Edward Price, a former British economic official and current teacher of political economy at New York University’s Center for Global Affairs, looks at the perilous road ahead for a Federal Reserve trying to deflate the US economy without crashing markets.
Not so long ago, the Fed was worried. Why couldn’t it produce inflation at a measly 2 per cent?
Indeed in the summer of 2020, the world’s most important central bank was so worried that it unveiled a framework aimed at stirring price pressures and spurring job creation. The centrepiece was the Flexible Average Inflation Target, or FAIT. FAIT would give officials the wriggle room to run the economy hot, with inflation surging past its 2 per cent goal for an unspecified, but limited, period of time. Thus the US labour market would tighten. All while the Fed’s inflation-fighting credentials remained firmly intact.
The theory was that the past decade had shown that the US economy could tolerate far higher rates of employment without the risk of a debilitating spiral in wages and prices. So, as the pandemic shuttered firms, and jobs were lost, the Fed did the obvious thing. It embarked on a quest for inflation that consisted of rate cuts and unprecedented injections of liquidity into financial markets.
Now inflation is here. Throughout the first half of 2021, Fed officials promised it would be transitory. But October’s Consumer Price Index (CPI) came in at 6.2 per cent. This inflation, it seems, is sticky and far higher than the Fed might like. And so, it’s changing course. After indicating earlier in the pandemic that rates would remain on hold until the end of 2023, minutes of the Federal Open Market Committee’s December vote published last week signal it’s mulling hikes during the first half of this year.
All this means the US central bank is turning a corner. But what kind of manoeuvre will bury price pressures?
What everyone wants to see is a U-turn, a smooth and controlled change of bearing. In this scenario, the Fed will roll up to the lights, signal carefully and then seamlessly swing its bonnet around. Everyone will be happy. The FOMC will say it gave plenty of notice, beginning with the December minutes. Investors can adjust their portfolios in an orderly way. The punchbowl will go. But nobody’s drinks will spill.
Doubtful. The minutes have already sparked a sell-off in tech stocks. Actual rate rises will assuredly spook markets, hooked on a tiny federal funds rate and abundant liquidity as they are.
So, the Fed is in a tight spot. Three fates beckon. If it gets lucky, inflation is transitory and prices stabilise at 2 per cent. If it’s unlucky, inflation becomes entrenched at levels far above 2 per cent. And if it’s super unlucky, prices fall and this about-turn becomes an epic mistake. Quite the bind. What happens, however, is somewhat dependent on what the Fed will do. Small rate hikes to fight non-transitory inflation may mute that inflation, resulting in transitory inflation. At which point the rationale for FAIT would look reasonable once more. But this is too tight, and too uncertain, for a sweeping U-turn.
So, we may see a K-turn, a clunky three-point manoeuvre. There will be stops and there will be starts. Things won’t be smooth. Wheels will judder. And all the drinks will slosh. Some investors will get caught out, but we will avoid a major panic.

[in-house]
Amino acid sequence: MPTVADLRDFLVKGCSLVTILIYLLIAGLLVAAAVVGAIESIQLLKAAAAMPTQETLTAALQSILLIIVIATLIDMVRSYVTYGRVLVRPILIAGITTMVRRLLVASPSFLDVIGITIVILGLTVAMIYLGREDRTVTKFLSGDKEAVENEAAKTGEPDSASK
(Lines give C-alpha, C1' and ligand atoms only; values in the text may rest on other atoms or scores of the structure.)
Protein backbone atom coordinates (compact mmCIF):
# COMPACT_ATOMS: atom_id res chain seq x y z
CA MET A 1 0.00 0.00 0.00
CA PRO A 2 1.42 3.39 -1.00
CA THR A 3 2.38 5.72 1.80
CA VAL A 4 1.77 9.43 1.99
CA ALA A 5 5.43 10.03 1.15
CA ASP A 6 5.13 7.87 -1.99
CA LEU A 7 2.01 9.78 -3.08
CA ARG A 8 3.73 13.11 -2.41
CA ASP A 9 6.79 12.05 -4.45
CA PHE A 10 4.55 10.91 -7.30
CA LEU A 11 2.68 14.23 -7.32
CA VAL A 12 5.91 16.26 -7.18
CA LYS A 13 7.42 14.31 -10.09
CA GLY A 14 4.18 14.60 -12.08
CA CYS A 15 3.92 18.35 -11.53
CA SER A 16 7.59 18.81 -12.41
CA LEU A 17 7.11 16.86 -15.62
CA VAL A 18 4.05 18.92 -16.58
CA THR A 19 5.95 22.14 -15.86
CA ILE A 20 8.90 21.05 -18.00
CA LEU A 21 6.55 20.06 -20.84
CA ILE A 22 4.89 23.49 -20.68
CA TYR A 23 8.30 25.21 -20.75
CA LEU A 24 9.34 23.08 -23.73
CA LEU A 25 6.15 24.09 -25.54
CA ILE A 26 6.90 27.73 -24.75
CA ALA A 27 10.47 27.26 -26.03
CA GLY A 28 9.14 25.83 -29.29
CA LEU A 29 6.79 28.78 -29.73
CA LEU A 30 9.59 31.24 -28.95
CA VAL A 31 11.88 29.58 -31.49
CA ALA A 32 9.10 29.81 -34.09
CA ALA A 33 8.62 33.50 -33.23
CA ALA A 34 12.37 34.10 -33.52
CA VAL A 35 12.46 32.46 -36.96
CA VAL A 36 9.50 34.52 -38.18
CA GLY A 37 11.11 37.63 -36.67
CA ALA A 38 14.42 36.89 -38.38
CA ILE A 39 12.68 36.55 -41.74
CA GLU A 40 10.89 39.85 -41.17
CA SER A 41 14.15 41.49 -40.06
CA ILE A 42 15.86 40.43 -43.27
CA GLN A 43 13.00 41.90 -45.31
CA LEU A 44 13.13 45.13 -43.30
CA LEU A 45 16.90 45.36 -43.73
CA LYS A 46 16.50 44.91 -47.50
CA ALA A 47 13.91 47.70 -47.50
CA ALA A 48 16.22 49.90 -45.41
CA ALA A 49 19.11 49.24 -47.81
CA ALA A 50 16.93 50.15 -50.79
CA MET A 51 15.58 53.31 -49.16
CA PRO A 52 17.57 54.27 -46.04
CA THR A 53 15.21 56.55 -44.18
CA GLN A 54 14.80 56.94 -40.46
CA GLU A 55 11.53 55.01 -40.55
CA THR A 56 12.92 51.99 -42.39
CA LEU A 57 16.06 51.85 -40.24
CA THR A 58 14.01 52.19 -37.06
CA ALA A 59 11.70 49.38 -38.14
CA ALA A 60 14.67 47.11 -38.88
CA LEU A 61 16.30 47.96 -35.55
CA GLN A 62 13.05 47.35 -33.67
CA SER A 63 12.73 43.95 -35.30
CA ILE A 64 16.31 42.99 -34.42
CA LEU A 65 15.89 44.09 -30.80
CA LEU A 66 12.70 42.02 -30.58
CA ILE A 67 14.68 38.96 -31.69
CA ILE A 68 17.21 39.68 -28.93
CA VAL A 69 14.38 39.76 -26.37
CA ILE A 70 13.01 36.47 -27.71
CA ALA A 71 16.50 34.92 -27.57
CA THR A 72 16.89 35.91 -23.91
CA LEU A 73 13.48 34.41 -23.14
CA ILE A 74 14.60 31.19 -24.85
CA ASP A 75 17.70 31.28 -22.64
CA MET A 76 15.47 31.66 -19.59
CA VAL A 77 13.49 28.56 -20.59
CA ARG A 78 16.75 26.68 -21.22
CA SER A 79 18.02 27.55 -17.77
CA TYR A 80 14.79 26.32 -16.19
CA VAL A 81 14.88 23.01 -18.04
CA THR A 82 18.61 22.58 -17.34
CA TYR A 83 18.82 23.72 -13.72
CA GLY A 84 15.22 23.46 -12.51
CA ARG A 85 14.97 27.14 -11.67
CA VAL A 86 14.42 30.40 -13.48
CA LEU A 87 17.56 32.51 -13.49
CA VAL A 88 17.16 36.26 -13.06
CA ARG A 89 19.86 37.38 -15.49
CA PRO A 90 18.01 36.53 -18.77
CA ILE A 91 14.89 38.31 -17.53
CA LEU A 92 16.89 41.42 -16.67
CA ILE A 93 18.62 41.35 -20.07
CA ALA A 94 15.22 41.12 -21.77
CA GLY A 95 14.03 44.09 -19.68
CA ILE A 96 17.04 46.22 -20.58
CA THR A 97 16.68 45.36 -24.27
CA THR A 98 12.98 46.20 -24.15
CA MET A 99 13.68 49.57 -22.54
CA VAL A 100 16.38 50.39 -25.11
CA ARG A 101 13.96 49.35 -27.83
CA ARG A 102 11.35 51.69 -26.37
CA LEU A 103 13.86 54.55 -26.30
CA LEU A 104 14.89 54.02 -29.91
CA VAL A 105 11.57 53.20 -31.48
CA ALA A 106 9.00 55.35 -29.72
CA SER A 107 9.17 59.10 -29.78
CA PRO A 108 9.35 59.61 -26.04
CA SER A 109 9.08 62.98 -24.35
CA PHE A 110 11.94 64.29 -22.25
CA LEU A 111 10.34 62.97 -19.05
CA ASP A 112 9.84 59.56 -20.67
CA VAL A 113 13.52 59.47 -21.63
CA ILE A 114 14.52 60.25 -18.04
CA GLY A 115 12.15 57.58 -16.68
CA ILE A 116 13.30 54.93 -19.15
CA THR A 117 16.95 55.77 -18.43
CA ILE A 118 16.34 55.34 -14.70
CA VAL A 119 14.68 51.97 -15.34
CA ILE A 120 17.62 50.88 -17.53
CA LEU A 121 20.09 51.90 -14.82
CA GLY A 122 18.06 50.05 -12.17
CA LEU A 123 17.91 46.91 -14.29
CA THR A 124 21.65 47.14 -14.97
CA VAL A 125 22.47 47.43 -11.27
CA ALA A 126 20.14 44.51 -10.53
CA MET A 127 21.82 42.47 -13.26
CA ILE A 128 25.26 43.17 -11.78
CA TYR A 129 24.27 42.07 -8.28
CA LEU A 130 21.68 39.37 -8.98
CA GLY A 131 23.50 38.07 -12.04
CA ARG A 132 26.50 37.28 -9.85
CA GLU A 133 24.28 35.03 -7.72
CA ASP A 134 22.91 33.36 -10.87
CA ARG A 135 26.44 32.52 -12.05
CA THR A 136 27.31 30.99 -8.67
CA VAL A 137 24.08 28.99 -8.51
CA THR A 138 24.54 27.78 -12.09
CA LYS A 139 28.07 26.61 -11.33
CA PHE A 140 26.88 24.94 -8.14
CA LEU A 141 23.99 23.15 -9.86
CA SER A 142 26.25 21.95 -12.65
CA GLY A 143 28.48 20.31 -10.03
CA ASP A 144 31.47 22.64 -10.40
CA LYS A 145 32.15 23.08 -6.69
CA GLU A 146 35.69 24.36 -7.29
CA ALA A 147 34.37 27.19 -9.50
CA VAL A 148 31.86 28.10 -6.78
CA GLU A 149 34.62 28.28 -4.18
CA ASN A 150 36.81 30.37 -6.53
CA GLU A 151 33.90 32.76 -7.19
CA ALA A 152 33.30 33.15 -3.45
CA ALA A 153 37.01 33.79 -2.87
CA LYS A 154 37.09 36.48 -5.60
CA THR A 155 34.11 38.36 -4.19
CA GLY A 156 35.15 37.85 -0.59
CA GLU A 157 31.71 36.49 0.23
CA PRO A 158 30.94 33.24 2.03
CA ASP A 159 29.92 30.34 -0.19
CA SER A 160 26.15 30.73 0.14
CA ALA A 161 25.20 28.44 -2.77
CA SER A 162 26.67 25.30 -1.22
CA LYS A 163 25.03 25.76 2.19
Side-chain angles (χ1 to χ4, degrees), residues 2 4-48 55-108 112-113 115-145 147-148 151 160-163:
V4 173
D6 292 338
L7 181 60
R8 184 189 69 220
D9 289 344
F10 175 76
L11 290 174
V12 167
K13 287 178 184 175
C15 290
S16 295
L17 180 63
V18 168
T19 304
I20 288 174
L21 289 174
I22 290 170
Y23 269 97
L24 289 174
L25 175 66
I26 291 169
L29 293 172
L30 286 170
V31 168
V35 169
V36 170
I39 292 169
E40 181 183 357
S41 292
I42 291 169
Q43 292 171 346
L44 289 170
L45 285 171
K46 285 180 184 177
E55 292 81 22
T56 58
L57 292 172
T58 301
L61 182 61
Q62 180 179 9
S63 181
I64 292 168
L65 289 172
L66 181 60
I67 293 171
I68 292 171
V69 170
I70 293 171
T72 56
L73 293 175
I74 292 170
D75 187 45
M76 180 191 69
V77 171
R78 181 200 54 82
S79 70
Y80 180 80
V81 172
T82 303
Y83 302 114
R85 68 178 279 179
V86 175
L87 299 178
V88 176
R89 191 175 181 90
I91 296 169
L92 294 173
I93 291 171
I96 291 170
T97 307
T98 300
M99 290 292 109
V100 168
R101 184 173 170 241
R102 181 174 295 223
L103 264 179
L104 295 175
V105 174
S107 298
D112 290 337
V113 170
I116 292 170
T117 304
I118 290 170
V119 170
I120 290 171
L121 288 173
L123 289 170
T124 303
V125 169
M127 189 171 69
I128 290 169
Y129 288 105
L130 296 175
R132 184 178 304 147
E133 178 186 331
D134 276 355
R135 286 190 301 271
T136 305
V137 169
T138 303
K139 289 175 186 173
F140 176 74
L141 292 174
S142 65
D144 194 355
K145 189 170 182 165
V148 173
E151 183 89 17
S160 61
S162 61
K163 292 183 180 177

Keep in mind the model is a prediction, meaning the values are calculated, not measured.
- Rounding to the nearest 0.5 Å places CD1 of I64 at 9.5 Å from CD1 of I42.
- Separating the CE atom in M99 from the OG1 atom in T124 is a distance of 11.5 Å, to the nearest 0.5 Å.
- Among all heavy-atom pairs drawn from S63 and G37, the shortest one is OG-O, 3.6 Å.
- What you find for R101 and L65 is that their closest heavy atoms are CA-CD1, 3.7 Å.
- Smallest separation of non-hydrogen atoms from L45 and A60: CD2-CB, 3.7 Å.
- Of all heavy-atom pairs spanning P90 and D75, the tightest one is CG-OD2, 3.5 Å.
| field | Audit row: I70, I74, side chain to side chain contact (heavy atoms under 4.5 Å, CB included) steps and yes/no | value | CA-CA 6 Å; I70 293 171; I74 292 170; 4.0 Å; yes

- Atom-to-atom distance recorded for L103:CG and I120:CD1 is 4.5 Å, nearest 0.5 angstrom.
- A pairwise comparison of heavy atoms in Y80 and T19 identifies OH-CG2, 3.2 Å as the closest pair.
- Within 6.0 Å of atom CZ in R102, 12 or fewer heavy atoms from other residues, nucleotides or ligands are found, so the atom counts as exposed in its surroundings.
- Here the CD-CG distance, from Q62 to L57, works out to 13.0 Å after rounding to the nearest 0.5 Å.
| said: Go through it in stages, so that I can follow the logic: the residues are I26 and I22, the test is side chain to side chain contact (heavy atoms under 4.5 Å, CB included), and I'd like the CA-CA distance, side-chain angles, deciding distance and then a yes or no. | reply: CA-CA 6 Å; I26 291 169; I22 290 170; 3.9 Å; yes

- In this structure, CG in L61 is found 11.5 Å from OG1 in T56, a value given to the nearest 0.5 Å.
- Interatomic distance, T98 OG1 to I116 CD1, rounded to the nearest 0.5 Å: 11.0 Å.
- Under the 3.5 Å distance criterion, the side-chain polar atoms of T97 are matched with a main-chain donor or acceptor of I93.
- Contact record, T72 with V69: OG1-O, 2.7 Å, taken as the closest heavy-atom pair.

Unfortunately, there’s a problem here too. A foggy windshield. The US’s expansionary fiscal policy will have unknown ramifications. And who knows what supply chains will do in 2022? Some expect the snags to remain throughout the year. Others expect pressures to ease. Either way, the FOMC would have to act aggressively to offset the impact of stubborn bottlenecks. Plus, many investors are ignoring the fact that rates are at levels far lower than the last time inflation lingered around 5 per cent. The scale and pace of cuts priced in by markets may, therefore, be too meagre to fight truly obstinate price pressures. Here’s the point. If the Fed can’t see the future, and really can’t help but hike, it may well lose control of how far and fast these hikes must go.
Which brings us to a third option: a speedy J-turn. This kind of manoeuvre is rare. Ordinarily the preserve of the military, it spins the vehicle around sharply in reverse. The result is skull-rocking force. Yes, it’s quick. Yes, it’s effective. But for passengers, fun it ain’t. Everyone’s drinks will spill. And we, of course, are those passengers.
Tackling inflation like this would pose deep questions about the viability of FAIT. Indeed, it would throw a question mark over the 2 per cent targets that have been the hallmark of central bank frameworks everywhere for decades. The concepts behind independent central banking look far from robust. Indeed, they look quite unwell.
And a J-turn would be pretty scary too. Lurking ahead is the hobgoblin of financial crises. Central banks cannot reconcile tightening, to serve the needs of the economy, with ongoing accommodation, for wider financial stability. Super low rates risk financial bubbles and eventual turmoil. But super high rates risk popping those bubbles in calamitous ways. After years of quantitative easing, the incongruity between the monetary needs of the economy and the monetary needs of markets is inescapable.
All told, the spurt in US prices has revealed the flaw inherent in the open-ended FAIT. Now, the Fed will have a hard time driving out of Inflationsville without experiencing a crash. Backing out of years of accommodation will create conditions that require new accommodation. Normalisation will be anything but.
Seat belts please. And be sure to hold onto those drinks.